Bike News Roundup: A dangerous rail crossing. No not that one.

It’s time for the Bike News Roundup!

First up, University of Tennessee Civil and Environmental Engineering Professor Chris Cherry and graduate students Ziwen Ling and Nirbesh Dhakal recently documented a ton of bike crashes at a single railroad crossing (hmm, this reminds me of a certain “missing” trail in Ballard…). Not only did they publish their findings, they also put together this video:

Pacific Northwest News

National & Global News

Halftime show! Vox recently interviewed Donald Shoup for a quick reminder that land use rules in most of America require free homes for cars even while homes for people get more and more expensive:

This is an open thread.

About Tom Fucoloro

Founder and Editor of Seattle Bike Blog.
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10 Responses to Bike News Roundup: A dangerous rail crossing. No not that one.

  1. Matthew Snyder says:

    SDOT recently started construction on the new Rainier Valley North-South Neighborhood Greenway. The alignment changed a few times during the planning process, but the final alignment has the greenway running along Renton Ave S heading north from Orcas towards Columbia City.

    A portion of that segment of Renton Ave S (from Orcas to 37th Ave S) has no sidewalk on either side of the street. There’s not even really a path along the side of the street for pedestrians or children biking, or a curb for that matter. It’s just asphalt.

    I naively assumed that SDOT would be adding sidewalks there as part of turning the route into a “greenway,” but I asked, and they’re not going to.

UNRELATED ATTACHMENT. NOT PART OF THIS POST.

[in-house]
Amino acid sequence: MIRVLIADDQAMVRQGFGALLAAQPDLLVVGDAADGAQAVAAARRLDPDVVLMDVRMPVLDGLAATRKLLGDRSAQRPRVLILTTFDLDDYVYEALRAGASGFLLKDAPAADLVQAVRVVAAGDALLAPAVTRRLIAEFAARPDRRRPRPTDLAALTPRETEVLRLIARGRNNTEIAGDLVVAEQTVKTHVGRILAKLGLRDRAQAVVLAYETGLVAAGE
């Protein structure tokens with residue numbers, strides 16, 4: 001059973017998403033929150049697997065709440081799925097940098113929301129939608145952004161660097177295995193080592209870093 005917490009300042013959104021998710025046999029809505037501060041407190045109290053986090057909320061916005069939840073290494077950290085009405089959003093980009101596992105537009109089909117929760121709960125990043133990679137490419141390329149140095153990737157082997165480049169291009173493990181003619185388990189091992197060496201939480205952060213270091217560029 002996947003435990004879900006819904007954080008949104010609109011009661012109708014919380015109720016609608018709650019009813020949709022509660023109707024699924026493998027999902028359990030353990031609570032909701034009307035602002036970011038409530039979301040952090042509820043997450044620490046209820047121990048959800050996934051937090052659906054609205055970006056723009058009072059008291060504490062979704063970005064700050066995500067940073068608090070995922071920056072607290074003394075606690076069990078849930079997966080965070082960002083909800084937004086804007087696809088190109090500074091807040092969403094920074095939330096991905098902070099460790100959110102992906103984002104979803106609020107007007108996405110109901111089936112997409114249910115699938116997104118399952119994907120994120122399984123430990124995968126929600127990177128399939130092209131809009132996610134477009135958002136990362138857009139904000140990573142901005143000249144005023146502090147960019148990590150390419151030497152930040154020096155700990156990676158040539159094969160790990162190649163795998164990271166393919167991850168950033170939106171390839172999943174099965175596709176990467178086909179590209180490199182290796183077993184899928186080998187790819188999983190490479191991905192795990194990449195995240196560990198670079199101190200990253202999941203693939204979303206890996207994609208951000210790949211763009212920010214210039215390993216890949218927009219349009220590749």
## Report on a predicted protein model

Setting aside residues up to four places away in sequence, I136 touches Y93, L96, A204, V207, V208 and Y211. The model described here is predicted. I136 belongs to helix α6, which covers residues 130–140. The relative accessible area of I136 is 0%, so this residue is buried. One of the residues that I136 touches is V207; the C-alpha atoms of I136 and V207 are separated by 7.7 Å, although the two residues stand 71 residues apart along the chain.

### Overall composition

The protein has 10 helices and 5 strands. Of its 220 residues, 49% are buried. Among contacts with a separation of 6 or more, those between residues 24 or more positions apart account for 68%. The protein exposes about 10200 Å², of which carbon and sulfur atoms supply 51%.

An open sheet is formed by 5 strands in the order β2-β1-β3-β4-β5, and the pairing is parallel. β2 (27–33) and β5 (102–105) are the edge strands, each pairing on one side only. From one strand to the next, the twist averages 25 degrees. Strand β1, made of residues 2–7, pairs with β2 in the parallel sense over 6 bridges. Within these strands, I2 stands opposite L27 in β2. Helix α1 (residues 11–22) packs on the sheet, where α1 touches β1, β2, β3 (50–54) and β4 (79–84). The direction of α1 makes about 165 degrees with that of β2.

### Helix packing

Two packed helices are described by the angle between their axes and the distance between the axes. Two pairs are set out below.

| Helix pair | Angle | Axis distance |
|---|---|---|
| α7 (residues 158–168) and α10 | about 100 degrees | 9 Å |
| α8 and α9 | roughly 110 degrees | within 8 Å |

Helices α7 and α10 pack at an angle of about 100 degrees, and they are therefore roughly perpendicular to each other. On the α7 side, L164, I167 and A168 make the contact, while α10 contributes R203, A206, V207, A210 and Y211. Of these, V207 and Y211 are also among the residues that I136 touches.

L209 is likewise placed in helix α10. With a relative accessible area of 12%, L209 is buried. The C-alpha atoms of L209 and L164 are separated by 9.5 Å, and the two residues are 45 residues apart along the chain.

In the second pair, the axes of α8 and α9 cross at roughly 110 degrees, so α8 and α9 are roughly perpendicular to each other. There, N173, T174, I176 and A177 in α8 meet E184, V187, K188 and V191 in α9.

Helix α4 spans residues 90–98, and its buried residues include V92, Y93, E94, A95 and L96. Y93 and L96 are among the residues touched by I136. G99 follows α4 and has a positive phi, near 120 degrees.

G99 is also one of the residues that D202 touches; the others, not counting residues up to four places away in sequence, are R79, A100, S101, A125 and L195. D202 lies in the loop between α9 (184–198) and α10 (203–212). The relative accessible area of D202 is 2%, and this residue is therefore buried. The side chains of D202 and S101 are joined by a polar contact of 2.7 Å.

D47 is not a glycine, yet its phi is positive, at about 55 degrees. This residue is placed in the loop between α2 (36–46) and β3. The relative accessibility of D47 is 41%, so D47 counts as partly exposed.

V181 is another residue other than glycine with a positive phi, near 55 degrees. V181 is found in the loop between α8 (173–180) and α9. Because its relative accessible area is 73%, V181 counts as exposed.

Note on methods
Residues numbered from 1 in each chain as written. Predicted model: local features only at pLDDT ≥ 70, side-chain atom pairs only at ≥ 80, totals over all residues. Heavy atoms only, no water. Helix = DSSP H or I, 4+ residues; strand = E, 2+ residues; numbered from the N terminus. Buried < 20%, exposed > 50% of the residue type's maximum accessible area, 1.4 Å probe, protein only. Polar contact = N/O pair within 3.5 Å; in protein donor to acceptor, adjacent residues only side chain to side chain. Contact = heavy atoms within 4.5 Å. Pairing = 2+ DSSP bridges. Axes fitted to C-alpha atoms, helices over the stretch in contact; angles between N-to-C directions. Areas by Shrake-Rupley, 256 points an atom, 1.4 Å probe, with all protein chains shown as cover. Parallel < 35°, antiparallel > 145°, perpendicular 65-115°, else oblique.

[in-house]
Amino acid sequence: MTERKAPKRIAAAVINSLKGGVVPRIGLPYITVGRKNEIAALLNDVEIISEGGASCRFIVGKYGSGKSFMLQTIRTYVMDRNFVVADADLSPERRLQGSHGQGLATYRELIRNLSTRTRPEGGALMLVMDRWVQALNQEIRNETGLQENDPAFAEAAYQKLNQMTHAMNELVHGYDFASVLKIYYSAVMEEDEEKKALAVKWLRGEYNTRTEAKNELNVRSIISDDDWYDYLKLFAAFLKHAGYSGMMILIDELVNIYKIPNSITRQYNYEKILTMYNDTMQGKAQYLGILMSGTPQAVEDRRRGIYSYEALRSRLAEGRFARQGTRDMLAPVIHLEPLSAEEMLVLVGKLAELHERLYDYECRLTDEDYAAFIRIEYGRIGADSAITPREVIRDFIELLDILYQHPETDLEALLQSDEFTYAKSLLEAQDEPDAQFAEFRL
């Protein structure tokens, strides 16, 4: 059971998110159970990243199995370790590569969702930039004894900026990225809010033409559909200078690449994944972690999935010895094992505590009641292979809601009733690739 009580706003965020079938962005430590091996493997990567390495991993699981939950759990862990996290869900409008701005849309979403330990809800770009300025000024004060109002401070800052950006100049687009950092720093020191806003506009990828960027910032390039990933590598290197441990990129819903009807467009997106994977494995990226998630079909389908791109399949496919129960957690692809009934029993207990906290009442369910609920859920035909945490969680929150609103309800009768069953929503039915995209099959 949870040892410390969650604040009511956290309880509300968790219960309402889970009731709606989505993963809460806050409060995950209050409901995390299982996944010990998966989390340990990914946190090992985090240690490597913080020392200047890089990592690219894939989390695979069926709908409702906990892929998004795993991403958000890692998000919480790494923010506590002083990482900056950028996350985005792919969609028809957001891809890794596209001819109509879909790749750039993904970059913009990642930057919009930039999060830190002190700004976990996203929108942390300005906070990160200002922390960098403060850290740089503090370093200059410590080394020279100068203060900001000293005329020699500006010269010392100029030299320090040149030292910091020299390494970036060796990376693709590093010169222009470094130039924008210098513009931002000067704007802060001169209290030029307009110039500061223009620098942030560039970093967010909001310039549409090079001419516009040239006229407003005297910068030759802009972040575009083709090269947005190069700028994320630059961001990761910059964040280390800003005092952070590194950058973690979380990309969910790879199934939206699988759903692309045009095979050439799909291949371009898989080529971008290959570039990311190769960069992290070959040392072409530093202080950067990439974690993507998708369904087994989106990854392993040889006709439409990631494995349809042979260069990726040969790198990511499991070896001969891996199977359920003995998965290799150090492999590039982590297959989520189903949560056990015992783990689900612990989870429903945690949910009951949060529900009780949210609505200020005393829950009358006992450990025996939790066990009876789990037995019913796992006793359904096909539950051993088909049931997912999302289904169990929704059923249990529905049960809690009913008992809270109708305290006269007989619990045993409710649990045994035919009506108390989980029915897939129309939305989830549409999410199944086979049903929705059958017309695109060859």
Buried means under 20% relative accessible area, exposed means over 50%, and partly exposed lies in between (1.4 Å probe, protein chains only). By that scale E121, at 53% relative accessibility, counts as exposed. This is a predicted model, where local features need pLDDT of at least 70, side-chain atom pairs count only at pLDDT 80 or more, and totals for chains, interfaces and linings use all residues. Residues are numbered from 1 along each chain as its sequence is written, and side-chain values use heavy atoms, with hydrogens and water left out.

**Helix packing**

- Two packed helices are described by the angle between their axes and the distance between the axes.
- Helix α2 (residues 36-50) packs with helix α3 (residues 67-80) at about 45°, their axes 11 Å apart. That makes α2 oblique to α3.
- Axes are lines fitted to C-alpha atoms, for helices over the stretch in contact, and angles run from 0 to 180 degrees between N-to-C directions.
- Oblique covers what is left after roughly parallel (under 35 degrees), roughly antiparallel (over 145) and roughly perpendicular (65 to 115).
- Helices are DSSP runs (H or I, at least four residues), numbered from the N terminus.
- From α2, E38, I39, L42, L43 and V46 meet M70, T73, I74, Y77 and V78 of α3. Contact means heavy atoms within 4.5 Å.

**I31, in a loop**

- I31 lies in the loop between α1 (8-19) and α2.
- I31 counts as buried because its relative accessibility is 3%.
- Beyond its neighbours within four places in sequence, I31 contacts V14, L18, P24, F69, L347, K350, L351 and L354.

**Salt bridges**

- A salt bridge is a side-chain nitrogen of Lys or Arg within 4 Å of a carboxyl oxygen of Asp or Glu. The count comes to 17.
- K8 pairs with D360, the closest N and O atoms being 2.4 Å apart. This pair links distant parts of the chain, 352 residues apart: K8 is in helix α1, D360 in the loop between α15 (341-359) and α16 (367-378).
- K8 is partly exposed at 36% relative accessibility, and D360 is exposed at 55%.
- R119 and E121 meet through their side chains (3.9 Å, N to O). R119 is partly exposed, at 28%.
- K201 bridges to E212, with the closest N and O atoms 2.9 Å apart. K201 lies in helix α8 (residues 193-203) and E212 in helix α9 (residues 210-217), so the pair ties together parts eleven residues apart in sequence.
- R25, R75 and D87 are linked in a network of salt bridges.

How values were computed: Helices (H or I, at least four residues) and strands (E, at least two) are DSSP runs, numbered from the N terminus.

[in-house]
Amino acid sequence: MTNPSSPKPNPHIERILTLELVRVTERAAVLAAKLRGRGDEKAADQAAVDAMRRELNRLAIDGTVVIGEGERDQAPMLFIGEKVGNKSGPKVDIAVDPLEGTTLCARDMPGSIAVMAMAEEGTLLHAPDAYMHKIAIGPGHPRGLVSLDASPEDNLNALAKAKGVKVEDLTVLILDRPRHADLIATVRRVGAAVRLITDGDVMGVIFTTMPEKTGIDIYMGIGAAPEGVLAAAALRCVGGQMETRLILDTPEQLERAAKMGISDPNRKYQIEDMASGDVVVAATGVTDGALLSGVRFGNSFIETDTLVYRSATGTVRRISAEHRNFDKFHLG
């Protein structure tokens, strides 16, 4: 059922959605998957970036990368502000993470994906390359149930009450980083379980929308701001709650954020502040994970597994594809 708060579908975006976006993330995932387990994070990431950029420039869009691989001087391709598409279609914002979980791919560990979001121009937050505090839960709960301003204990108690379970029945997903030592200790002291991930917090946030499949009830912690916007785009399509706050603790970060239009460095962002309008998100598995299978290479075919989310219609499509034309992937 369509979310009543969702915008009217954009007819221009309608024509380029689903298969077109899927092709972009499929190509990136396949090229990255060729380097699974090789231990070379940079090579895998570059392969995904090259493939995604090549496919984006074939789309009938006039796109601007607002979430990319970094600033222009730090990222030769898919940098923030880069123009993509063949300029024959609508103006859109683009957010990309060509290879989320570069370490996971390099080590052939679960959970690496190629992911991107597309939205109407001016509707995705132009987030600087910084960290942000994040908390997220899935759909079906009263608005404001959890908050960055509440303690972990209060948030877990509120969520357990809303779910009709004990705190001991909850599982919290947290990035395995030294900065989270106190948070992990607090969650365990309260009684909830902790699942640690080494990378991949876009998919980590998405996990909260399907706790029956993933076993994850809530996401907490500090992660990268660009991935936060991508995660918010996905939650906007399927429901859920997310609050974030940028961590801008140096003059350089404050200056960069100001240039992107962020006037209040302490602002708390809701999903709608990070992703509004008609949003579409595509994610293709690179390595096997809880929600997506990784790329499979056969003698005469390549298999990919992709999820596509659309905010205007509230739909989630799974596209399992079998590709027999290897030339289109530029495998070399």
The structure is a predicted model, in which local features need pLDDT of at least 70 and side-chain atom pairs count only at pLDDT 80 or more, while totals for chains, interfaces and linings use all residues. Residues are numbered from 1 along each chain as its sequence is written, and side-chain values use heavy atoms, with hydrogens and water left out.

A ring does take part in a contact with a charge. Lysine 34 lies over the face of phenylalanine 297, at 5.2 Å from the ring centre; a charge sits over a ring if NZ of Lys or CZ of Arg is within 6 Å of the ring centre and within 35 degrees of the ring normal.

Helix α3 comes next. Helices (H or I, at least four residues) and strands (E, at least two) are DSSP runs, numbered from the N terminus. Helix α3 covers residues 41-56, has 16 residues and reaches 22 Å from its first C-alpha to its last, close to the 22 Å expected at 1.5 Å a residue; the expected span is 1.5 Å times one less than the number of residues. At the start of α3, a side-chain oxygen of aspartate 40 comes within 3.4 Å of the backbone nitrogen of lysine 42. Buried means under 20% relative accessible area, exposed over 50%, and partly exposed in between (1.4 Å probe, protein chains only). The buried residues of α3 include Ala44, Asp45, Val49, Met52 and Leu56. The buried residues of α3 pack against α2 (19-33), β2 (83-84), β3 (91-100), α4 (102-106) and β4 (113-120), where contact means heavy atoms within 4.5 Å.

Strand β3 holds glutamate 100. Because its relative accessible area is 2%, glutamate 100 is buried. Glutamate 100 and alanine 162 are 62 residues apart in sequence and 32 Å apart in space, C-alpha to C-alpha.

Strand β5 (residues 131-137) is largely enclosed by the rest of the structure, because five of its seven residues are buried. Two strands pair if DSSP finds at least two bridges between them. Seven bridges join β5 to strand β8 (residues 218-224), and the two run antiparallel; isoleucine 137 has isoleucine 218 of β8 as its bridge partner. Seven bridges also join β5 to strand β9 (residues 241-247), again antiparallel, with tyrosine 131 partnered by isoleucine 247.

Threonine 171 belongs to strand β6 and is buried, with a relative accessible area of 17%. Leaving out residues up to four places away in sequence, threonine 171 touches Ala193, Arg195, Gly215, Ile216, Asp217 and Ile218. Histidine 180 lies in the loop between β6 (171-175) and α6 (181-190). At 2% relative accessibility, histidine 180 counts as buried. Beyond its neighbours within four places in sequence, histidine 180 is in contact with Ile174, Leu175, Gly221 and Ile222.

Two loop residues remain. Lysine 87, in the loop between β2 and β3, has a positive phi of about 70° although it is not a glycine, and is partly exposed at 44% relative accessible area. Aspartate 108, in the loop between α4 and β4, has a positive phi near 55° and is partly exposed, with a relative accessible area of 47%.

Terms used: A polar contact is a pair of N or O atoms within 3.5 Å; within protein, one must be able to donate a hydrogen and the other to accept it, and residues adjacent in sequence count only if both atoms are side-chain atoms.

The response I received from SDOT stated, “The project seeks to make people walking and biking the priority by including elements like 20 mph speed limit signs, speed humps to calm traffic, stop signs for side street crossings, and pavement markings to help people find their way.” It’s hard to understand how people walking and biking can be the priority when there’s no safe and separated path for people to walk or (if they choose to) bike.

    I get that we don’t have the money to add sidewalks to all of the, what, 20%? of city blocks that currently lack them. I just think that if we’re going to spend the time, money, and political capital on building “greenways,” we should make sure the word means something. At minimum, a greenway should have a sidewalk, or be closed to cars. Otherwise, I really don’t understand the point.

  2. Christopher Burke says:

    I could almost not bear to watch all those crashes next to the highway. Is there a camera on point at the Ballard crossing?

    • Southeasterner says:

      Based on this video they should. It would be easy enough to mount something under the Ballard Bridge.

      Even more interesting than the bike crashes would be how many trains use the track! I always love the irony that the same people who claim nobody uses bike lanes and trails to back their opposition to the missing link also point to the absolute need for a “vital” industrial rail spur that is never used.

  3. Andy Sapuntzakis says:

    Marysville has a similarly oblique RR crossing on Old Hwy 99 / State Ave / Smokey Pt Blvd at about 120th St NE.

    The sidewalk on the northbound side was recently redesigned to cross the tracks perpendicularly. Northbound cyclists could use it assuming it’s properly signed, but the southbound ones are out of luck?

    IMO they should replace the small northbound gravel areas with pavement, preceded by a cycling warning / diagram. Build the same thing on the southbound side.

    At least they’re trying.

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